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Ms Diana R. Johnson (Kingston upon Hull, North) (Lab): For three years, I was a member of the Mental Health Act Commission. I visited patients not only to check that they were legally detained under the Mental Health Act 1983 but to talk to them about their concerns. With that experience, I am pleased to be able to say a few words this afternoon.

Although as a Mental Health Act commissioner I was working at the acute end of mental health, dealing with people who were detained, it was interesting to talk to them about their pathways and how they ended up being sectioned. I visited not only NHS psychiatric facilities but private sector facilities. That was an interesting experience because, in some instances, the private sector can provide good facilities and meet needs where the NHS cannot.

The right hon. Member for Charnwood (Mr. Dorrell) mentioned that the view seemed to be that, prior to 1997, things were terrible and that, from 1997, suddenly things got a lot better. The focus on mental health services has increased since 1997. The investment has gone in since 1997. When we talk to the community and voluntary sector, it says that the joined-up thinking and the investment in mental health services in local communities has been staggering in some instances. From my right hon. Friend the Minister, we heard that there are 8,000 more psychiatric nurses, 1,200 more psychiatric consultants and 3,000 more psychologists. Those are real people providing a real service to our constituents with mental health problems.

The most important thing that Labour has done is the 1999 national service framework on mental health services, which set the gold standard for what we should be looking to achieve in all our mental health services. I want to talk about child and adolescent mental health services, women patients in mental health services and the NHS estate in terms of psychiatric units.

On children and young people, on Friday I went to a meeting of the Humber mental health trust, a three-star mental health trust that does excellent work. It said that, although the national service framework for adult mental health services—it includes sections involving children—was a good start, we needed an NSF for young people. The chief executive said that the split between children and adolescent mental health services that goes up to 16 or 18 years of age was not providing the kind of care we should be providing for young people. We need a service that spans the age group from, say, 15 to 30.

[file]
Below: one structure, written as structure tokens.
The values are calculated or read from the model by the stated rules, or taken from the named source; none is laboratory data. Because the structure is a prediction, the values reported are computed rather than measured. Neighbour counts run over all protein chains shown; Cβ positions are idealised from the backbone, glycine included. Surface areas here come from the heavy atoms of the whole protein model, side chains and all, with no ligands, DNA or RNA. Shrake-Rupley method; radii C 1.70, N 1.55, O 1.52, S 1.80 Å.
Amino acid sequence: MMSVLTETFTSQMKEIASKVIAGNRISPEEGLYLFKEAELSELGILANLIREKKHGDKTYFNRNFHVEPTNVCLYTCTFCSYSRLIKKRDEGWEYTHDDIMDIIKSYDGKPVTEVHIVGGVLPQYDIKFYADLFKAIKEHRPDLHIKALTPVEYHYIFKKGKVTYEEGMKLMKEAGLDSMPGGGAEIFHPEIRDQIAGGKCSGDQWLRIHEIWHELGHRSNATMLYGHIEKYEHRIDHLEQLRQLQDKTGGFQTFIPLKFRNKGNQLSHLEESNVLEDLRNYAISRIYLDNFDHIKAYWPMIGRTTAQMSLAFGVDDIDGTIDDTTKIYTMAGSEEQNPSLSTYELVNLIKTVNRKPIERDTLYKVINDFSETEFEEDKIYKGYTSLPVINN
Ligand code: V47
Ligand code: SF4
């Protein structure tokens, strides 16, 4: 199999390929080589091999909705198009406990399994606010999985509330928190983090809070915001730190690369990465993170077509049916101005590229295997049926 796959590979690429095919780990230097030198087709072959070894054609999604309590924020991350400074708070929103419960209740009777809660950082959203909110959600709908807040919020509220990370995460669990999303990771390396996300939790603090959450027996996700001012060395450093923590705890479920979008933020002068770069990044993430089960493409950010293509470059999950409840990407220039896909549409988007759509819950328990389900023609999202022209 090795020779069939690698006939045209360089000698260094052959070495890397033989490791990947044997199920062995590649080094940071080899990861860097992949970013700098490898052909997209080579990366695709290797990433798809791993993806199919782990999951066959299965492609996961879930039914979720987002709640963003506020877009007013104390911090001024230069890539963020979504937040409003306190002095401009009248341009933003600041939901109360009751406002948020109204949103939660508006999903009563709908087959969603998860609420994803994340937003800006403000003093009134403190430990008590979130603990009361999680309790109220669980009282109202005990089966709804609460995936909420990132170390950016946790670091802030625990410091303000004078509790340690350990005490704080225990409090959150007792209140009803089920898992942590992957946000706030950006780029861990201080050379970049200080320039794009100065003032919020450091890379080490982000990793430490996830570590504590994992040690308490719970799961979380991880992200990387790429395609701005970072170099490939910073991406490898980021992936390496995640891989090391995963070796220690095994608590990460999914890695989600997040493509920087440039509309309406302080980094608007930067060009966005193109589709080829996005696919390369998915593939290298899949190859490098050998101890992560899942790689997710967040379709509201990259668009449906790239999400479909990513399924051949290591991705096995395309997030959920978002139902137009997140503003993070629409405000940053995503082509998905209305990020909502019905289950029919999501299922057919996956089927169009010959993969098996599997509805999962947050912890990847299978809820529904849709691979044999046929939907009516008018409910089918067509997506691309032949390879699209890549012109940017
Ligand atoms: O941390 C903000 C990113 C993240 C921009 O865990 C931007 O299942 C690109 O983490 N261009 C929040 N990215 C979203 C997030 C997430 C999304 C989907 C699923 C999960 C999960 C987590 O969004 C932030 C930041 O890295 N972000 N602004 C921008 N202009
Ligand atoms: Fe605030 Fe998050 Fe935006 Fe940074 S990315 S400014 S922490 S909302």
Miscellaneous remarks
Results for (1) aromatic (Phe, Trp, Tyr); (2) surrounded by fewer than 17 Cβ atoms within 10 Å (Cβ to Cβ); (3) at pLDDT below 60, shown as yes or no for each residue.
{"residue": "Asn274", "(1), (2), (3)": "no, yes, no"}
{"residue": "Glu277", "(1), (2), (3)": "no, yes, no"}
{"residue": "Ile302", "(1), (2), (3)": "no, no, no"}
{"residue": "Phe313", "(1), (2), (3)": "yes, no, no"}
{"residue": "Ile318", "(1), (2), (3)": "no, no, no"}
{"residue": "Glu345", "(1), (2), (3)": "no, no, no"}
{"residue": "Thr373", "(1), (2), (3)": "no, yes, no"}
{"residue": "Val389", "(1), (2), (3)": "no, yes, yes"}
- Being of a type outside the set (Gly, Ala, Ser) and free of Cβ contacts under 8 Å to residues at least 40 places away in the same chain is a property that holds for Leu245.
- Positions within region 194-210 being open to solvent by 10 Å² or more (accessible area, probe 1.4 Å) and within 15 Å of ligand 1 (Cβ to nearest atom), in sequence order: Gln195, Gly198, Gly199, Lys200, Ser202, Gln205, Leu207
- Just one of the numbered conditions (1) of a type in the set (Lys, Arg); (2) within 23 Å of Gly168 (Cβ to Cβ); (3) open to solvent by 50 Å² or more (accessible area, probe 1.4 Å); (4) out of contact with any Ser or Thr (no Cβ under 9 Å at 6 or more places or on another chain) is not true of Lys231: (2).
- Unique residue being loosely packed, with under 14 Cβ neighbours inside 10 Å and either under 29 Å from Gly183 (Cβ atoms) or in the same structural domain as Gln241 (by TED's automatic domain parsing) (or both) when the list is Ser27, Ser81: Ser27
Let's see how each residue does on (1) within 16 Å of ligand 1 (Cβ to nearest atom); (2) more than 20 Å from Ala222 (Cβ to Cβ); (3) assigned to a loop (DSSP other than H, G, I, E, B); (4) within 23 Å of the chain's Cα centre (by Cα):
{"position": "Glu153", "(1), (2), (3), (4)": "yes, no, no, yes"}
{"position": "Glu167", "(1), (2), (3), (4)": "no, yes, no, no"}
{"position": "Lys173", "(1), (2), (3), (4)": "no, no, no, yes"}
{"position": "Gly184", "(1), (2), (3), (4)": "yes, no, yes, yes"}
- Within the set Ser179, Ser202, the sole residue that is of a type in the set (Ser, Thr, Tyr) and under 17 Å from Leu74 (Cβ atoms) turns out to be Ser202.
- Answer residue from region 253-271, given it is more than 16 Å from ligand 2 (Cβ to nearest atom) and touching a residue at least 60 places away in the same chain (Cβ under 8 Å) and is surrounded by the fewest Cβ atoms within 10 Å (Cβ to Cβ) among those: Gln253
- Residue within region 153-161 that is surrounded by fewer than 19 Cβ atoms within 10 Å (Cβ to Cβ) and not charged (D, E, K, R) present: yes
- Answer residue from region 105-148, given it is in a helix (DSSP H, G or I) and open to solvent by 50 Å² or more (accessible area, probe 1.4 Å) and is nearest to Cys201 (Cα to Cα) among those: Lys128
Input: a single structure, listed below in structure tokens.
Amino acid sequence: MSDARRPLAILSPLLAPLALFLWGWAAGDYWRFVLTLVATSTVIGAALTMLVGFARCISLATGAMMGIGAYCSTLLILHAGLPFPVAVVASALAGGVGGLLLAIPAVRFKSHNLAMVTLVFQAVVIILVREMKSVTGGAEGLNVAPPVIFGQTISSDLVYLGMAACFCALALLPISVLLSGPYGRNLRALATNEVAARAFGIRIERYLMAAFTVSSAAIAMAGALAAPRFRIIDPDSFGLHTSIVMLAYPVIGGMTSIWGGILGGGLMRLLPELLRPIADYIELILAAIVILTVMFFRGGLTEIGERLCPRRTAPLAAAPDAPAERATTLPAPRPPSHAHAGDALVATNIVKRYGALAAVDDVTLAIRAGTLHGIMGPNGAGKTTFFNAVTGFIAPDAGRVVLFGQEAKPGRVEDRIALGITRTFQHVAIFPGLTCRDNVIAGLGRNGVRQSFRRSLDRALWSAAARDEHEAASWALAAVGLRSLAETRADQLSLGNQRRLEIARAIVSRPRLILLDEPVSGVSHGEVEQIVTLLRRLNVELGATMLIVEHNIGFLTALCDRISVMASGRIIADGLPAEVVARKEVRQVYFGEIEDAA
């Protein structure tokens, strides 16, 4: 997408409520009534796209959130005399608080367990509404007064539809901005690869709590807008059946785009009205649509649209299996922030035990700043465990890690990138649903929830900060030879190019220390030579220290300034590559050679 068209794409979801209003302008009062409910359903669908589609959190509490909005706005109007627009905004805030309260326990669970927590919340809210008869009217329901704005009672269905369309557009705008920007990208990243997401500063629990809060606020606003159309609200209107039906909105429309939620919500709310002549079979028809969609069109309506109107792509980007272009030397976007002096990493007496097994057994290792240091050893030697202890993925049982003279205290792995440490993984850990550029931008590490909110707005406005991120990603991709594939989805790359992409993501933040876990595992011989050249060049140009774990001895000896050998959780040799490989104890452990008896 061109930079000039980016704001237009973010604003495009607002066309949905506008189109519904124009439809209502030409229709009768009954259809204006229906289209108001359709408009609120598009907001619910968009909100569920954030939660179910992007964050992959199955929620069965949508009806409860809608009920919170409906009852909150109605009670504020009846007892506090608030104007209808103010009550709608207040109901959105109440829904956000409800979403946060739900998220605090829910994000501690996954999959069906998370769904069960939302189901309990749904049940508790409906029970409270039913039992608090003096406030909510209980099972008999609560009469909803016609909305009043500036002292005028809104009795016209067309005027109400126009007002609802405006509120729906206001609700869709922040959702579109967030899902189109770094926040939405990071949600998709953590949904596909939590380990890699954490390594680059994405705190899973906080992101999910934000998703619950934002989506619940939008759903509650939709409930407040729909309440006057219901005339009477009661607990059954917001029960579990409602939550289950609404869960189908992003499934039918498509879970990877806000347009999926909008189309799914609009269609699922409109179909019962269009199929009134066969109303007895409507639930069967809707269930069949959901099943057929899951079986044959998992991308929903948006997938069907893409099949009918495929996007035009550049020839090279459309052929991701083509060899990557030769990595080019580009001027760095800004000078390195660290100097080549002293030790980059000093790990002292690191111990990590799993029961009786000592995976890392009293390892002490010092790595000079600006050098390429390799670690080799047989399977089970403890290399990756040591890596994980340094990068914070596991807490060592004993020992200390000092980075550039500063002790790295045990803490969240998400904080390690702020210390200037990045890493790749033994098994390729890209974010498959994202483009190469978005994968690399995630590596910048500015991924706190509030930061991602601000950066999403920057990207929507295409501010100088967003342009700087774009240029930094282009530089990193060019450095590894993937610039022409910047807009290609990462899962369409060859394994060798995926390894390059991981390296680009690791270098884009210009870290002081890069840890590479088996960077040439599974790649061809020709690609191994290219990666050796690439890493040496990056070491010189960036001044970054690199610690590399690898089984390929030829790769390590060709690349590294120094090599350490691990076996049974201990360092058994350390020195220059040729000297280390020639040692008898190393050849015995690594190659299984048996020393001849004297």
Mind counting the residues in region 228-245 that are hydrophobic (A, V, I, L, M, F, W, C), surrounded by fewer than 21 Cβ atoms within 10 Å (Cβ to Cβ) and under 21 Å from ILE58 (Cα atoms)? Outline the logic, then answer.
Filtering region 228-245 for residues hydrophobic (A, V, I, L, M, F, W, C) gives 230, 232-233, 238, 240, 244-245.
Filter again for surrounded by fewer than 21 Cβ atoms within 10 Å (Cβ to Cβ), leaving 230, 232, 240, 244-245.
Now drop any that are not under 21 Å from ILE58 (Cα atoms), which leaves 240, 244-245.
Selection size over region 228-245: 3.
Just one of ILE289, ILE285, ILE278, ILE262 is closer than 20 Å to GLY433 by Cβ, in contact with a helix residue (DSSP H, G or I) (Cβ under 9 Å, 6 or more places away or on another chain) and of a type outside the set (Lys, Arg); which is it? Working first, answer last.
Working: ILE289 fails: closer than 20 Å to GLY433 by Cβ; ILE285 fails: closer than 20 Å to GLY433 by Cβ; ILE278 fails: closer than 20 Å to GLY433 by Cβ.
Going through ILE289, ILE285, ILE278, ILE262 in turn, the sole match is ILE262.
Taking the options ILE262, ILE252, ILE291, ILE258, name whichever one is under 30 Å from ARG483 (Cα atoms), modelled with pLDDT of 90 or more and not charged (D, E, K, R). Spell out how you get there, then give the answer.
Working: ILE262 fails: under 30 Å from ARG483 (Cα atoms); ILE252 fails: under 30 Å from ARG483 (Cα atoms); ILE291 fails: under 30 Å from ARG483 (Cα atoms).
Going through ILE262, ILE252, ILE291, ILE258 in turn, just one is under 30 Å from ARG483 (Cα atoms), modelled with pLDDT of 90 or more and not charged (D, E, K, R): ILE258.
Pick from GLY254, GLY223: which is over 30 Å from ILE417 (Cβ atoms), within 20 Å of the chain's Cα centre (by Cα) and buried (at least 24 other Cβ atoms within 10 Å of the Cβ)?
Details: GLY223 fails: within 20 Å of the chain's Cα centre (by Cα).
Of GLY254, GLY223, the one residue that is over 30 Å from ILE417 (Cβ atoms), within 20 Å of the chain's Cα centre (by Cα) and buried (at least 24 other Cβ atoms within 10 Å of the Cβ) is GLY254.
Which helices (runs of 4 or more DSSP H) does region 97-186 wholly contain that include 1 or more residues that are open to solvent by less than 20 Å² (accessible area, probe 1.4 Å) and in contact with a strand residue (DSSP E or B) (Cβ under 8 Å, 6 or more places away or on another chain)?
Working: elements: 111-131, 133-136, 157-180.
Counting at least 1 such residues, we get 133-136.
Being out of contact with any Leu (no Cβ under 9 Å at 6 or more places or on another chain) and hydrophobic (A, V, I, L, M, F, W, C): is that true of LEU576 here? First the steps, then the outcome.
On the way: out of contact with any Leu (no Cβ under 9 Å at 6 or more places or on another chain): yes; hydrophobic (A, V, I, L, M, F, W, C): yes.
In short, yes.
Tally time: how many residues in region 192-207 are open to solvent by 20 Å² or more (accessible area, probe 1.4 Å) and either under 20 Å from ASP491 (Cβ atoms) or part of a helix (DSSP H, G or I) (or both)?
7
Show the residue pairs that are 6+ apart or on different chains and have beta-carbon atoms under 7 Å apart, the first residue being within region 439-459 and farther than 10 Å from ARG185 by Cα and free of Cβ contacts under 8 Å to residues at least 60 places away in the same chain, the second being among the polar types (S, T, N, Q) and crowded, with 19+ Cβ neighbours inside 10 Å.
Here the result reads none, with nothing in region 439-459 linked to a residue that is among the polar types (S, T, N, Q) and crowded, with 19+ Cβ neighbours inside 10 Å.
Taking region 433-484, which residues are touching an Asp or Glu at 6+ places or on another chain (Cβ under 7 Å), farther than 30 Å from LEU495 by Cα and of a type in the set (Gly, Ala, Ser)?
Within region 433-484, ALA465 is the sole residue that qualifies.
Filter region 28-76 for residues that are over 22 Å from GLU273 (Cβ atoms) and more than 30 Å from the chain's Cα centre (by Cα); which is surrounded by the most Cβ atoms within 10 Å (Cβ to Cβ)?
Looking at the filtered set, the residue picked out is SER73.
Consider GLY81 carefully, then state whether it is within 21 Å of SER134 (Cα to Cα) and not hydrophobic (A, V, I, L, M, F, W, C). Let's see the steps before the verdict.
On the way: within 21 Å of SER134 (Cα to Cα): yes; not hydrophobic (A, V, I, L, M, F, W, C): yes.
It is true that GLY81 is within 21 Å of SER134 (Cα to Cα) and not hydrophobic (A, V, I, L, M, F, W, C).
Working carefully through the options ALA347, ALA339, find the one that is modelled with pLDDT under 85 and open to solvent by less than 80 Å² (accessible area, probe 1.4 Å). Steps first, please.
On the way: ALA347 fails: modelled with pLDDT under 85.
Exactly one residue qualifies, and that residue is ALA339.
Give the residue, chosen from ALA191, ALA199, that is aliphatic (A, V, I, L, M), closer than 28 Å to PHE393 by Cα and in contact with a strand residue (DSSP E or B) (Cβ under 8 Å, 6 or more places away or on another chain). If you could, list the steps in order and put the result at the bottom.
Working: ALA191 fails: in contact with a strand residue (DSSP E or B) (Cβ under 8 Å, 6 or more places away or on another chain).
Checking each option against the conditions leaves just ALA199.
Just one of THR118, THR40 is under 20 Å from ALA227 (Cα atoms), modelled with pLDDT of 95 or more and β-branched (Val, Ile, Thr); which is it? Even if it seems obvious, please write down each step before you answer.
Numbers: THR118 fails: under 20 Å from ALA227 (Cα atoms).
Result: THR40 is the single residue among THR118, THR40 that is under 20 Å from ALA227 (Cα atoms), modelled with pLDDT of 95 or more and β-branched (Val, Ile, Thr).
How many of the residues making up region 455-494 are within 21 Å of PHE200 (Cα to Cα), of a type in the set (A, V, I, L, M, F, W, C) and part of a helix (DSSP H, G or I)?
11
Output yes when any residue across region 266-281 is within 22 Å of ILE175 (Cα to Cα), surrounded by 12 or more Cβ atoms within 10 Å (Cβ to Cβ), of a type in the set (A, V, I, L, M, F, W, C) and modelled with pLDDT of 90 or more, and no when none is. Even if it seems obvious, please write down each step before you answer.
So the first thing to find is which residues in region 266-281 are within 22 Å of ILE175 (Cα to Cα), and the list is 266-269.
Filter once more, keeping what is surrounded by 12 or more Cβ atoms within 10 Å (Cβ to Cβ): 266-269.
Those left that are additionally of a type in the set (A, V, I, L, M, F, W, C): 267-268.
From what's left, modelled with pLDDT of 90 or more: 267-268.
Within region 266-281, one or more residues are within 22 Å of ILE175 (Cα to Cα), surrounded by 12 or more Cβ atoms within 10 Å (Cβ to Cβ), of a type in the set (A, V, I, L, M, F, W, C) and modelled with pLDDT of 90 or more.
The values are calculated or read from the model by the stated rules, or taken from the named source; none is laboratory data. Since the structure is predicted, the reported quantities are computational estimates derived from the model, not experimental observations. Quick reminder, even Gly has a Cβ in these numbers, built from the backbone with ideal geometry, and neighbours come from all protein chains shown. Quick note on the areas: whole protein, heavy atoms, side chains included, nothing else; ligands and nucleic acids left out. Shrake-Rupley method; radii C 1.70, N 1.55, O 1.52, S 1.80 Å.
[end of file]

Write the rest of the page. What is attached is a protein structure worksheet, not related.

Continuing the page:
We need to make sure that, for younger children who may come into contact with mental health services, their contact is community-based. We must keep young
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people away from the acute sector because it is not an environment where we want children and young people to enter unless there are extreme circumstances. The facilities are not suitable for them. There are some disturbed people in our facilities and we need to keep our focus on the community setting.

Getting in early is important. I was pleased to see that Sure Starts were putting emphasis on developing emotional well being in the support that they are providing to parents and carers of our youngest children. Such guidance to those who look after children uses creative activity to improve children's self-esteem, social skills and emotional well being. That is absolutely right. It is a stark fact that a child living in a low-income, lone-parent household is twice as likely to have emotional disorder as a child in a two-parent family on a reasonable income. There is a clear link with poverty and it is right that Sure Starts, which were based on the most disadvantaged areas, are putting the focus on emotional well being.

I want to talk about Mind, which provides excellent services across the country for people with mental health problems. In my constituency, the Linx project provides help with housing and independent living for young people who have shown the first signs of psychosis. Getting in early and investing early in our young people means, we hope, that they can go on living independent lives and putting their problems behind them.

We have heard about the massive investment in PCTs for mental health services and it is worth putting on record that £300 million has gone into PCTs and local authorities to improve child and adolescent mental health between 2003 and 2006. However, there are still some gaps. I visited Hull domestic violence refuge and was told by some teenagers that there were counselling facilities available to younger children to help them deal with the trauma they had experienced, but that there was nobody to provide teenagers with counselling. I hope that we put some work into that area. It may be that we invest now to save later on.

I want to pay tribute to the work done in Scotland in the one in four campaign, which is trying to remove the stigma from mental health. Hon. Members will agree that that is a good campaign. In Australia, the National Youth Mental Health Foundation has been set up and is looking to make sure that money is put towards young people suffering mental health problems. We need to ensure that particular resources are attached to making sure that those in the 12 to 25 age group get the help they need. Of course, the recently published Health White Paper will work to counteract the stigma of mental health.